The idea of having a part car, part plane, part drone parked outside your home may not be as far-fetched as it seems. There really aren’t any technological hurdles to this. We are going to have personal air vehicles that are both cars and planes at least that’s Missy Cummings’s vision of the future. It’s basically the intersection of a drone with a robotic car, so that your plane is also your car, but the big leap in technology is that you are actually driving neither.
Drones have a negative bias in the media, because they are essentially seen as spy cameras. But most people don’t realise that when they are on a plane they are effectively travelling on a drone. The fly-by-wire technology that exists on all Airbus and many Boeing crafts is the exact same technology that exists on drones.
The reason why drones are the answer to the future is that the truth is we are terrible drivers. Humans inherently have a half-second lag in almost any quick response that they need to have, like a ball rolling out in a street or seeing an aircraft in the sky and you have to take evasive action. Even a half-second delay can mean the difference between life and death, and computers and automated systems don’t have that – they have microseconds.
So, our transportation network of the future, both on the ground and in the air, will actually be safer when we turn it over to computers.
There really aren’t any technological hurdles to this idea. The biggest hurdles we have are psychological and cultural, in terms of giving up the car. But no new tech needs to be developed to have your own personal flying car. What we have to do is improve production and reduce manufacturing costs, and what that means is that we need more robots. So this is almost a self-circular process, where we need robots to build robots to make them cheaper.
Should we worry about the machines rising up and taking over? No, what we should be worried about is hackers and terrorists who want to do wrong. One of the things is to work on technology that allows any flying robot to be able to fend off any attack and be able to navigate itself without any GPS or any other external signal.
There are lots of different possibilities for what your personal air vehicle could look like. You could own your own in your driveway or garage, and you could jump in it. Or we could have a shared network like the plane version of Zip-car. People should be excited about this: It promises much in terms of safer travel and in parts of the world where the road and air networks are poor, people will be able to get the goods and services they need.
So, when we look at globalizing this concept of personal air vehicles, it means we will see the quality of life improve dramatically for everyone around the world.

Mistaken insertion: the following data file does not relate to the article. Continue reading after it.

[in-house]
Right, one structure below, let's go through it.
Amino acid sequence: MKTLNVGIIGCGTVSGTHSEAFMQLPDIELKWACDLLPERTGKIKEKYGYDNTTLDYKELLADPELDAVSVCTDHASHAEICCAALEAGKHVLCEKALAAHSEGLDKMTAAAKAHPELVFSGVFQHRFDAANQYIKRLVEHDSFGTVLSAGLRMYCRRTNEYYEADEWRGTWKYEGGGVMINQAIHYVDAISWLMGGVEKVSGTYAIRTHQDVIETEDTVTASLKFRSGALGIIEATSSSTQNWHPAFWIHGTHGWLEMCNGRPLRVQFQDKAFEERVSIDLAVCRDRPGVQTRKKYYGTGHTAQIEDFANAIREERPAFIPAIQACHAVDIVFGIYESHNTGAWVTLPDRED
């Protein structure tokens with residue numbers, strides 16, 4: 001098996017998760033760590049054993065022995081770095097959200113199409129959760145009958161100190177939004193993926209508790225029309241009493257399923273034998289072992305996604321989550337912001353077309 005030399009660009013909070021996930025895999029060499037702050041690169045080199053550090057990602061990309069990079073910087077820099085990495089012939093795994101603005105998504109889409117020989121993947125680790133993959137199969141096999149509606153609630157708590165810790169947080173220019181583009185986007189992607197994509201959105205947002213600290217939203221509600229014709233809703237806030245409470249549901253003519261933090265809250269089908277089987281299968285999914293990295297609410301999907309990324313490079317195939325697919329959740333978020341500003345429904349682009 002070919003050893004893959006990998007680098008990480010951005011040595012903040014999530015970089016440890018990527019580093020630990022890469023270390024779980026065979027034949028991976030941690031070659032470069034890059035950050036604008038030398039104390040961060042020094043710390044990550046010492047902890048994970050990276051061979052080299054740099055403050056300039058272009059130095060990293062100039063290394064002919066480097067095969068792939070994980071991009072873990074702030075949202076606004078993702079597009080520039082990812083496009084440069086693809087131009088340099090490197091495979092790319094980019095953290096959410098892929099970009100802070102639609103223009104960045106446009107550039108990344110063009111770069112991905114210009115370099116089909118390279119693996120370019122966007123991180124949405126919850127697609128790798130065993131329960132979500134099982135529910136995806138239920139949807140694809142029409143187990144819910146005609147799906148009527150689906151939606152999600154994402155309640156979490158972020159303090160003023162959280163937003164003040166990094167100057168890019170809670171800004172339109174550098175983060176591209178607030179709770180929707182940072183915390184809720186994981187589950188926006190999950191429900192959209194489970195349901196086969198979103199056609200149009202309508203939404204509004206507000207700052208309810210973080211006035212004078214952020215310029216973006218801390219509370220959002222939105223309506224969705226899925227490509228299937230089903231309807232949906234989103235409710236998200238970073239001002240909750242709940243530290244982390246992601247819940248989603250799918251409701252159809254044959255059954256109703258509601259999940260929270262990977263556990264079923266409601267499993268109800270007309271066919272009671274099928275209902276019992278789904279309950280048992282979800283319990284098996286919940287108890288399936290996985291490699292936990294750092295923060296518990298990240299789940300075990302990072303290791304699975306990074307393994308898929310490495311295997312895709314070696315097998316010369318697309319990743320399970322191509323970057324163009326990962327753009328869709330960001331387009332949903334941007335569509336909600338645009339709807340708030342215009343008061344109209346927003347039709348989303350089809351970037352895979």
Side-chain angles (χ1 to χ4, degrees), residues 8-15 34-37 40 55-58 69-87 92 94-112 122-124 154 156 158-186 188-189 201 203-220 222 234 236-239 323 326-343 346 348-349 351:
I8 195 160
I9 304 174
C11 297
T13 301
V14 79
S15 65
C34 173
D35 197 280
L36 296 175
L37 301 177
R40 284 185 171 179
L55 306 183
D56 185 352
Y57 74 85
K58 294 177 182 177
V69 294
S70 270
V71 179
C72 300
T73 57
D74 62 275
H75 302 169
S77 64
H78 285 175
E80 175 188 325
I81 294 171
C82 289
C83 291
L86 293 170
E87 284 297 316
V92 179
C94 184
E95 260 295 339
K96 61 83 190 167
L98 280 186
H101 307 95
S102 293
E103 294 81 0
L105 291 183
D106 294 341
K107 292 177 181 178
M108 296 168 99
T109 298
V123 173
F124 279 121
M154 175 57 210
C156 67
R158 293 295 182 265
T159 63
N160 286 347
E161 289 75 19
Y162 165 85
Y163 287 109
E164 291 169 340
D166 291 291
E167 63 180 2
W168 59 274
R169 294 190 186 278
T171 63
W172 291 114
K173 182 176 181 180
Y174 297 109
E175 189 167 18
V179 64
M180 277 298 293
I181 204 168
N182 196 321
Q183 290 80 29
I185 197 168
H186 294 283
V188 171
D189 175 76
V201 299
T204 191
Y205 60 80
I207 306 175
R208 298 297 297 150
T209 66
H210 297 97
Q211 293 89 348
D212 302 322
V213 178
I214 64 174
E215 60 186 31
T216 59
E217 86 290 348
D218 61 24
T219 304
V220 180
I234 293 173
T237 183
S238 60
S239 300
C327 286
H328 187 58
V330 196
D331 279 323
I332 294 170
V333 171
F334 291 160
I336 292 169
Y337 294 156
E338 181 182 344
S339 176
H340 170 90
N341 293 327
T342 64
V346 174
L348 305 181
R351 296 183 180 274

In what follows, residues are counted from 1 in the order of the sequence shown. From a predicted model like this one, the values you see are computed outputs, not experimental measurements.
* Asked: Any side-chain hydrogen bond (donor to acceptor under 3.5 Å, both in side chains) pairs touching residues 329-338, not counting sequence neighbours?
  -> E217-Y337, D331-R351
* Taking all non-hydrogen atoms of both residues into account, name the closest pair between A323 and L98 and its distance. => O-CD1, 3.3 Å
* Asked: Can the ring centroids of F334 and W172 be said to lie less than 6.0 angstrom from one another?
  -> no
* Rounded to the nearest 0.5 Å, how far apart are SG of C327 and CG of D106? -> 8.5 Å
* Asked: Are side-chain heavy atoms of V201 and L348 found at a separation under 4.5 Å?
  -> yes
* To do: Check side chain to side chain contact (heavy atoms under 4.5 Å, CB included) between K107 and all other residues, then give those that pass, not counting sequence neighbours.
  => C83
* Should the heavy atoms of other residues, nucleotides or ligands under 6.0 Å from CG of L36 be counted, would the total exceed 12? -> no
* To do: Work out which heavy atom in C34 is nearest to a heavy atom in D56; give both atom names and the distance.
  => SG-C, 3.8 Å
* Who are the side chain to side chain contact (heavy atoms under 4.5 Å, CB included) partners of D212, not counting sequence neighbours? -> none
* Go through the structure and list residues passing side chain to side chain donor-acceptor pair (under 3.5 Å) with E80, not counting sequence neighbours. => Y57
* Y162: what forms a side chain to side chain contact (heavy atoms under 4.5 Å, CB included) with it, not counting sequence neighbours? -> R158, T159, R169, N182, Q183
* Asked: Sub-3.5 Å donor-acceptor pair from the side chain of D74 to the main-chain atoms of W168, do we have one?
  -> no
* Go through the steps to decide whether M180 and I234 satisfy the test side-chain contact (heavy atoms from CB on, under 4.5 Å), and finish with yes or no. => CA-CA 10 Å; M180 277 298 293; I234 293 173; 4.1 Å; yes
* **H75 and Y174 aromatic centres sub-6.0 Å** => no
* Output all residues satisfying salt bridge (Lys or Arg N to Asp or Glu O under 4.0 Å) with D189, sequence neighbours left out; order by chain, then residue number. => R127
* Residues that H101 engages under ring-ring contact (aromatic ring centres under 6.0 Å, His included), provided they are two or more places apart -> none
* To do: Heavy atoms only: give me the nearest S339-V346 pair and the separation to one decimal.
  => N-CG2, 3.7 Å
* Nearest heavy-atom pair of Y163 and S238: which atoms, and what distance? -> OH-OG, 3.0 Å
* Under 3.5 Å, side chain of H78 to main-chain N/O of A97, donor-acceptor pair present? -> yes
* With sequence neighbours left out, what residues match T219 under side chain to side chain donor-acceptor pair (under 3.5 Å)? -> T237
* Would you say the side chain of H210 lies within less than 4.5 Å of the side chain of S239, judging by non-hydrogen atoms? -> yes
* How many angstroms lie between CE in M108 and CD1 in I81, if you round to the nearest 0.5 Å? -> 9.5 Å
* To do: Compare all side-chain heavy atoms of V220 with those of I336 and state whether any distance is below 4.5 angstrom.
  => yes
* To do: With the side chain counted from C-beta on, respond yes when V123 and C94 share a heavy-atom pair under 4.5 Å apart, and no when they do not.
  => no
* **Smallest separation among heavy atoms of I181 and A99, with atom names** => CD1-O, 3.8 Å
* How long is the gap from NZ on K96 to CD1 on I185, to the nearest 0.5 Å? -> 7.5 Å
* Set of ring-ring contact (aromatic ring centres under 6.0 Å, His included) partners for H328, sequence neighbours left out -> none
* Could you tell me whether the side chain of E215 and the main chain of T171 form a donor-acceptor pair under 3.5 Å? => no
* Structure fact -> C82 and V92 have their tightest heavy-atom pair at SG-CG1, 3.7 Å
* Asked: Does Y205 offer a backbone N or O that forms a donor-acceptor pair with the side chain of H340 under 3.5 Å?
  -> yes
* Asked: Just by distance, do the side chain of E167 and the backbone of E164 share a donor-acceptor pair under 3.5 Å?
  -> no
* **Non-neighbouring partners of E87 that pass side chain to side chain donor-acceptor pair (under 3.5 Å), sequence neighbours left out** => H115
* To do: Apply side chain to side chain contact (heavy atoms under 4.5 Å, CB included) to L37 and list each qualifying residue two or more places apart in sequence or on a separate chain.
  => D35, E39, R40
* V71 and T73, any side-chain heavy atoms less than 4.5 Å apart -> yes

6 reasons to be excited about Windows 9
Microsoft is expected to begin showing off Windows 9’s features later this month. Here are the expected changes you should be thrilled about.
Return of the Start menu
Perhaps the most lamented feature of Windows 8 was Microsoft’s callous removal of the Start menu. The Start button kinda-sorta came back in the Windows 8.1 update-but it just led you back to the dreaded Start screen with its sea of tiles and apps.
In Windows 9, Microsoft is rumoured to be making a full reversal by bringing the Start menu all the way back to its rightful place on the bottom left of your screen.
Bye, bye Charms
In Windows 8, accessing search, settings, sharing and connected devices is just a thumb-swipe away -unless you don’t have a touch screen. If you’re using a mouse and keyboard, you have to move your mouse to the upper-right-hand corner, making it too easy to launch the charms-bar by mistake if you’re scrolling or trying to close a window.
Windows 9 is expected to do away with the charms bar, replacing it with a settings tab next to the minimize button at the top right of each window.
Interactive live tiles
Live tiles in Windows 8 are a great way to get a snapshot of information without ever opening the app. They offer quick glances at weather, stocks, social media posts and emails. But if you want to dig deeper, you have to open the app.
In Windows 9, rumours are you’ll be able to click or swipe through information without opening the app. For example, you might be able to scroll through calendar appointments or delete emails right from the tile.
Better power management
Windows 8 doesn’t take up too much space on your hard drive, and it starts up in seconds. But it can be a power suck on your battery. Windows 9 is expected to fix that, waking up the computer’s processor just once every few seconds in some cases — instead of hundreds of time per second. If true, that could vastly improve battery life.
Rumours suggest that Windows 9 might transfer some Windows capabilities to the cloud. The core operating system functions would still live on your computer, but some of the lesser-used features would run over the Internet. That could translate into more free space on your hard drive, fewer Windows updates and potentially cheaper computers.
On the lock screen, Windows 8 notifies you how many emails you have and what your next calendar appointment is. But there’s no easy way to see that information when your computer isn’t locked. Let’s see if Microsoft can win back its supremacy in the software world.